John C. Herweg



Interview Date


Biographical History

John C. Herweg (1922-2018) was the former Associate Dean for Student Affairs at Washington University School of Medicine. He served in that role from 1965 to 1990. He also served as the chairman of the committee on admissions and as an advisor to medical students. As associate dean, Herweg guided student affairs through new channels, including active recruitment of minority students, providing support for the increasing number of women seeking a career in medicine, and steady direction during student protests.

Herweg earned his medical degree from Washington University in 1945. He served a year-long internship at St. Louis Children's Hospital before serving as a captain in the U.S. Army Medical Corps from 1946 to 1948. Herweg returned to Children's Hospital as the chief resident after his military service.

In 1951, he joined the faculty at the School of Medicine as an instructor in pediatrics. Herweg became the director of the Clinical Research Unit at St. Louis Children’s Hospital until 1970.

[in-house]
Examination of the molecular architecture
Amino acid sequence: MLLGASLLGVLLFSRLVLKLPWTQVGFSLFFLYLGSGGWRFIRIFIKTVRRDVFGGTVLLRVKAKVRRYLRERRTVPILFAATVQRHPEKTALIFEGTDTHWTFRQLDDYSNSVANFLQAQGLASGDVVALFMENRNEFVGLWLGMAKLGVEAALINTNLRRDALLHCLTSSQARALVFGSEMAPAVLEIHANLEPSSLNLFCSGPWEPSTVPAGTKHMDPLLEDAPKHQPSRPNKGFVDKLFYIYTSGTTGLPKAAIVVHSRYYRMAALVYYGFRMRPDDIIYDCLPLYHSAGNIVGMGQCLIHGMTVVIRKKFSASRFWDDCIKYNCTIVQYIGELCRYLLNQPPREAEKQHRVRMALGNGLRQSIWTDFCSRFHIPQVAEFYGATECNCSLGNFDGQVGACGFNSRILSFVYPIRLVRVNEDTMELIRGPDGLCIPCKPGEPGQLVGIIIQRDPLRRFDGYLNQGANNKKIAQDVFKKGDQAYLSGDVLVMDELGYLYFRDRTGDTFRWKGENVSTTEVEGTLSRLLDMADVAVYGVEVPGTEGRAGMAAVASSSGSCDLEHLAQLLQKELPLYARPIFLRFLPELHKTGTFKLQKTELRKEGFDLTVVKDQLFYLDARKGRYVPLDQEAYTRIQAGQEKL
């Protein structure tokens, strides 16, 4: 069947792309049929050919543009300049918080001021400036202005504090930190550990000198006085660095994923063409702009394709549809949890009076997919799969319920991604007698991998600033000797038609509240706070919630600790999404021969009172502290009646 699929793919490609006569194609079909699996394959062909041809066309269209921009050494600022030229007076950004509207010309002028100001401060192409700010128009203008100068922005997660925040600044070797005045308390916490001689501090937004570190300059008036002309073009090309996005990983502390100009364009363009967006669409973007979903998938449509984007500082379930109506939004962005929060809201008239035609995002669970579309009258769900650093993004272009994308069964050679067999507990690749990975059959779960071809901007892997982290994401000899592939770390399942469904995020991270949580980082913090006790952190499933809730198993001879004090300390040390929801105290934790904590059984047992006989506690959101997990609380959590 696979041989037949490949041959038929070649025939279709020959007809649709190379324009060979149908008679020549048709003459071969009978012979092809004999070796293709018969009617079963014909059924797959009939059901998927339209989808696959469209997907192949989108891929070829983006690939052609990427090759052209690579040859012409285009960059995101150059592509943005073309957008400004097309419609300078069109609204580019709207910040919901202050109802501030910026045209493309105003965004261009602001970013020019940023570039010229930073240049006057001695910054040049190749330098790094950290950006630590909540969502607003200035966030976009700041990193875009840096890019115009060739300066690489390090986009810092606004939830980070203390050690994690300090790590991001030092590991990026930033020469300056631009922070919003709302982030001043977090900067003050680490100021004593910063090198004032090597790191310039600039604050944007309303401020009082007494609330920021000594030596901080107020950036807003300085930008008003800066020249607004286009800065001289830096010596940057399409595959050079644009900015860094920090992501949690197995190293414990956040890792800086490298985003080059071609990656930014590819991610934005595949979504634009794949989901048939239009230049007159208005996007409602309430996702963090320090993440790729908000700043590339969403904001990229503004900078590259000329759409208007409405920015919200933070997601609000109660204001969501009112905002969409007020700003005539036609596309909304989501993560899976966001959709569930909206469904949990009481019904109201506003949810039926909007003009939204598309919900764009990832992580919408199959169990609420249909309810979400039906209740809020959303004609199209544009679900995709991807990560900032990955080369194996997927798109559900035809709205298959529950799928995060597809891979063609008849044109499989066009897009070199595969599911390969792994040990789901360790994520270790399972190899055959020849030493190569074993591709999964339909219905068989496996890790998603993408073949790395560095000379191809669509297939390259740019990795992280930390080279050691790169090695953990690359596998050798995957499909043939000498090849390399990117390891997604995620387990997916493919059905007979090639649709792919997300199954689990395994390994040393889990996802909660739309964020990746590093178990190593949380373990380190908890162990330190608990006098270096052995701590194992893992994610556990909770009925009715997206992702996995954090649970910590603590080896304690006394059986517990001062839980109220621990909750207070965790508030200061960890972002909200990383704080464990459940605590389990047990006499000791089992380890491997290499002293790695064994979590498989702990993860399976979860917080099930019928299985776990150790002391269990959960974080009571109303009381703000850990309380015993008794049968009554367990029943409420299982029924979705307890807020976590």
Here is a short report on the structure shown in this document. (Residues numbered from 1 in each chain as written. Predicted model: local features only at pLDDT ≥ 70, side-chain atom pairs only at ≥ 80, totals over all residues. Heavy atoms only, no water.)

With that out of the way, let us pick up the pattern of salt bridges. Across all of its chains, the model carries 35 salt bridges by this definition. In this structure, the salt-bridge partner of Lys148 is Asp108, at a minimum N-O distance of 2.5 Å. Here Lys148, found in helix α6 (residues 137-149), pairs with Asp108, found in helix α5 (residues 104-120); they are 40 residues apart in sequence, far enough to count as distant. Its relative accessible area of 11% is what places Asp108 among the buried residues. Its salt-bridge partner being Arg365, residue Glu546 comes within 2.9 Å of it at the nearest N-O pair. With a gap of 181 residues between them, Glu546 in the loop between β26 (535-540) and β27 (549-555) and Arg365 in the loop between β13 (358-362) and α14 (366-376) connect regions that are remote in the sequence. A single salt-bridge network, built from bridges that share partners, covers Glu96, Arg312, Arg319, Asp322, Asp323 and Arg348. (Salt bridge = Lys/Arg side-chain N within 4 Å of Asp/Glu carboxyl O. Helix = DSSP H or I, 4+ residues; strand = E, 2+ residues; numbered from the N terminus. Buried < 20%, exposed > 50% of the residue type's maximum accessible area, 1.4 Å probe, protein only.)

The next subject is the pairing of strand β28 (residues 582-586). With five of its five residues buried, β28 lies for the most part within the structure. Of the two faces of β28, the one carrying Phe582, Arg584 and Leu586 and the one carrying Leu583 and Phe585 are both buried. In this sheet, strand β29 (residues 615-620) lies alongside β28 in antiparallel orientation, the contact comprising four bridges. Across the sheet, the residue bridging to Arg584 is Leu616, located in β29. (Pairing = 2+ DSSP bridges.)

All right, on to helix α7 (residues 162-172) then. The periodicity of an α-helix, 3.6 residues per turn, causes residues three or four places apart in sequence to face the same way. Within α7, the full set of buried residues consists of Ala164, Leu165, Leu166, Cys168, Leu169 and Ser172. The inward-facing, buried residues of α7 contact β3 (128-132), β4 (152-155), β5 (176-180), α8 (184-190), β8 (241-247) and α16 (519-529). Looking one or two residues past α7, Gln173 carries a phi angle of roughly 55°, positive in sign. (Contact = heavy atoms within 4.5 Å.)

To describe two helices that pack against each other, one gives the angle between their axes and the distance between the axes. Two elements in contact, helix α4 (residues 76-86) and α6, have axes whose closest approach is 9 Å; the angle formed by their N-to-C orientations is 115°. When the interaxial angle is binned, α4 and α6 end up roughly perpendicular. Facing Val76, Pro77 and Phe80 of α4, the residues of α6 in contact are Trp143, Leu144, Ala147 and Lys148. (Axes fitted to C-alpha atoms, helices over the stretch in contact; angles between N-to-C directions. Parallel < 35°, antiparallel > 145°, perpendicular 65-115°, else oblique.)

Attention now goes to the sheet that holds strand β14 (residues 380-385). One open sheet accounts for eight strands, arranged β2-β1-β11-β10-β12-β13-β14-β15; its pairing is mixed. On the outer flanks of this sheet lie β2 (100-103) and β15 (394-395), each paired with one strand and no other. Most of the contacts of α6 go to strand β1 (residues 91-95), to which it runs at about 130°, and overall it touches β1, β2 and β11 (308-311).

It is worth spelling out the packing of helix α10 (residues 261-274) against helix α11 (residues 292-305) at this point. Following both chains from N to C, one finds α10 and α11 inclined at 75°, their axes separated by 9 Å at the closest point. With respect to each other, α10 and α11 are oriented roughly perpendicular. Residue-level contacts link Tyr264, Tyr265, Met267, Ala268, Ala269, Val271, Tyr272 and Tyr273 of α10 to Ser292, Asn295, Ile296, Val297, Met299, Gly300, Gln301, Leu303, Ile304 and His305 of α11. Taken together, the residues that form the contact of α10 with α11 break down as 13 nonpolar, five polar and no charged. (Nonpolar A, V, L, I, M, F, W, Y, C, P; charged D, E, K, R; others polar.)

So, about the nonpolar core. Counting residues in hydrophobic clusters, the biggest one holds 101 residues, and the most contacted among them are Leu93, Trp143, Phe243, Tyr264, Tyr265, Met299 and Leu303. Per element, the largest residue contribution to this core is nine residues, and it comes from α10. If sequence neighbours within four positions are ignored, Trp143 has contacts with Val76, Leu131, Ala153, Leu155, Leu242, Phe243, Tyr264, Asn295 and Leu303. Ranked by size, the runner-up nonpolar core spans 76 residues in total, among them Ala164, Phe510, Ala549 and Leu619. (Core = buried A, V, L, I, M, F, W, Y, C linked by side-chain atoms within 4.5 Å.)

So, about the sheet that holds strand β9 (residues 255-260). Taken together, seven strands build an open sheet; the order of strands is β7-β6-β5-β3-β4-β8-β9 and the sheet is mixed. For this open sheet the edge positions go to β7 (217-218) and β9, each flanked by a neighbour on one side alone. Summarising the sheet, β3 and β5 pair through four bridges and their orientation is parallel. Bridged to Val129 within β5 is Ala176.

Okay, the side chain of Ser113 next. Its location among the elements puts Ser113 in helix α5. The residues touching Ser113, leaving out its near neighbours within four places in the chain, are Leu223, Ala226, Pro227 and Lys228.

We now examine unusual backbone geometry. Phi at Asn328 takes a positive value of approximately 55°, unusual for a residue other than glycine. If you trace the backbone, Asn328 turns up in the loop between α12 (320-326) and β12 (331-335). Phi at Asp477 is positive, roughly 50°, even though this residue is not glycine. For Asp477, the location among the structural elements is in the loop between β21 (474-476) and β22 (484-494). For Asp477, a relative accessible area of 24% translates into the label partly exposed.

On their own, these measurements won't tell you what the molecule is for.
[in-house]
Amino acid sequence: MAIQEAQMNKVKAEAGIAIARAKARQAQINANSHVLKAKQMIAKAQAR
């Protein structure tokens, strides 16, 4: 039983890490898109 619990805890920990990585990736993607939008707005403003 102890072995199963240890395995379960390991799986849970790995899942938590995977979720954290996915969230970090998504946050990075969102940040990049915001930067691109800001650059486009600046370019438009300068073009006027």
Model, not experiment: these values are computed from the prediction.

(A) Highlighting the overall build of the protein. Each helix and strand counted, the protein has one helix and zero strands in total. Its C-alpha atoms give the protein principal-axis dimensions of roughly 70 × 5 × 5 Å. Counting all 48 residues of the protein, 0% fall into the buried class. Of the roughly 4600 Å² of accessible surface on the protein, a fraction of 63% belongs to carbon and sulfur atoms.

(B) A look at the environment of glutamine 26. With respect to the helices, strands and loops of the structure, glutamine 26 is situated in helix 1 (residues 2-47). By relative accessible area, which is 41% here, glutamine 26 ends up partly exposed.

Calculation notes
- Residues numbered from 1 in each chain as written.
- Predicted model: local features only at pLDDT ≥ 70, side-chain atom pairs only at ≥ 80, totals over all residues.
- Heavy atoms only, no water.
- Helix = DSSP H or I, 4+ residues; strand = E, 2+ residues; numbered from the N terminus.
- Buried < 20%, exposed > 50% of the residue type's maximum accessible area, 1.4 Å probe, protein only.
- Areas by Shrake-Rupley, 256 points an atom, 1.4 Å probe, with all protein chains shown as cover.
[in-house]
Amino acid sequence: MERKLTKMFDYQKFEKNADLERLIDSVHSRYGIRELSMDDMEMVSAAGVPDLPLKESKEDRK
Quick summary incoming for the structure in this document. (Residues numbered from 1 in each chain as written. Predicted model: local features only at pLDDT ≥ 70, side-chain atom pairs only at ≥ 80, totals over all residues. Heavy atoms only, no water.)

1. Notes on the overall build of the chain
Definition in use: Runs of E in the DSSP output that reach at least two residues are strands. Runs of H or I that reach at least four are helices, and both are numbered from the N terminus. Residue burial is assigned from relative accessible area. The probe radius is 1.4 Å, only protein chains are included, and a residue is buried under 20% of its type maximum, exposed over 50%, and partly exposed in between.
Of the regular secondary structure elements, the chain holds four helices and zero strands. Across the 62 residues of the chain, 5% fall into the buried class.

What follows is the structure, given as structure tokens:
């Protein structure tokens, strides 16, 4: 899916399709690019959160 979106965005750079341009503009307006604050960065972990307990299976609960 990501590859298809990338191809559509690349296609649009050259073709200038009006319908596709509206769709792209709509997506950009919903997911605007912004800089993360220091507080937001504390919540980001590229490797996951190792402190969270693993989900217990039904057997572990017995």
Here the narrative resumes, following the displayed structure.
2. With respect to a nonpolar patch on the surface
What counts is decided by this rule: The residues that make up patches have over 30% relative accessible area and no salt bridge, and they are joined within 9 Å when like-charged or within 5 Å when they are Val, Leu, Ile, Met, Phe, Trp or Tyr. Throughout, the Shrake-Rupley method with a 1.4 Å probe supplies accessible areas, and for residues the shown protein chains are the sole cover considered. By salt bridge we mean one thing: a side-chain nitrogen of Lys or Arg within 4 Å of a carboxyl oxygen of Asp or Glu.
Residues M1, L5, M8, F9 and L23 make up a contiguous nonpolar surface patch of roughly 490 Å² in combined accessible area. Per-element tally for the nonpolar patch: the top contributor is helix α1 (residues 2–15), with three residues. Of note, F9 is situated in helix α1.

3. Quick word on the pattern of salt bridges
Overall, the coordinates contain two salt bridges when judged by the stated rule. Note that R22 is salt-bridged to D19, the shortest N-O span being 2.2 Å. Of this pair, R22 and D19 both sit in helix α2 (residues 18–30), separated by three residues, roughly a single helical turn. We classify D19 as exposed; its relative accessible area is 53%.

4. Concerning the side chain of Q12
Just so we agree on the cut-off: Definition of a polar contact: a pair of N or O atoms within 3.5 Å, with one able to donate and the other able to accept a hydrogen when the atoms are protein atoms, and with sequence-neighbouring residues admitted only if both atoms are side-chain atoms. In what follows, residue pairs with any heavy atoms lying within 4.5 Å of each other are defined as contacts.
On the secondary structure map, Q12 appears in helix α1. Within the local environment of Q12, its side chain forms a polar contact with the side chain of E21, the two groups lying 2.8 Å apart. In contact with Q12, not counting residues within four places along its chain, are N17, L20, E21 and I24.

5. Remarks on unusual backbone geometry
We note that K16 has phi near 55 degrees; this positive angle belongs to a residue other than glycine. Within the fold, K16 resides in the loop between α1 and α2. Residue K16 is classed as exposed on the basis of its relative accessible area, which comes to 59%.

An interview of the Washington University Medical Center Desegregation History Project, conducted by Edwin W. McCleskey and associates, 1990. Approximate Length: 45 minutes.

John Herweg discusses the segregated wards for Black patients in Barnes Hospital and the desegregation of St. Louis Children’s Hospital and Washington University School of Medicine.

Herweg begins by relating the experiences of medical students at Washington University when he was a student in the 1940s, and compares those experiences with contemporary students. He explains how medical students were assigned patients in one of the segregated ward at Barnes, Ward 0400, and the similarities and differences between the wards for white and Black patients.

Herweg then relates the events that led to the removal of the Black wards and desegregation at Children’s Hospital. He discusses his involvement in the desegregation of the medical school and the first Black students to enroll, including the first post-graduate student in 1947. He also explains how the medical school attracts and retains Black students, and what measures have been put in place to help Black students succeed.


Washington University Medical Center Desegregation History Project


Bernard Becker Medical Library Archives


Washington University School of Medicine, Saint Louis, Missouri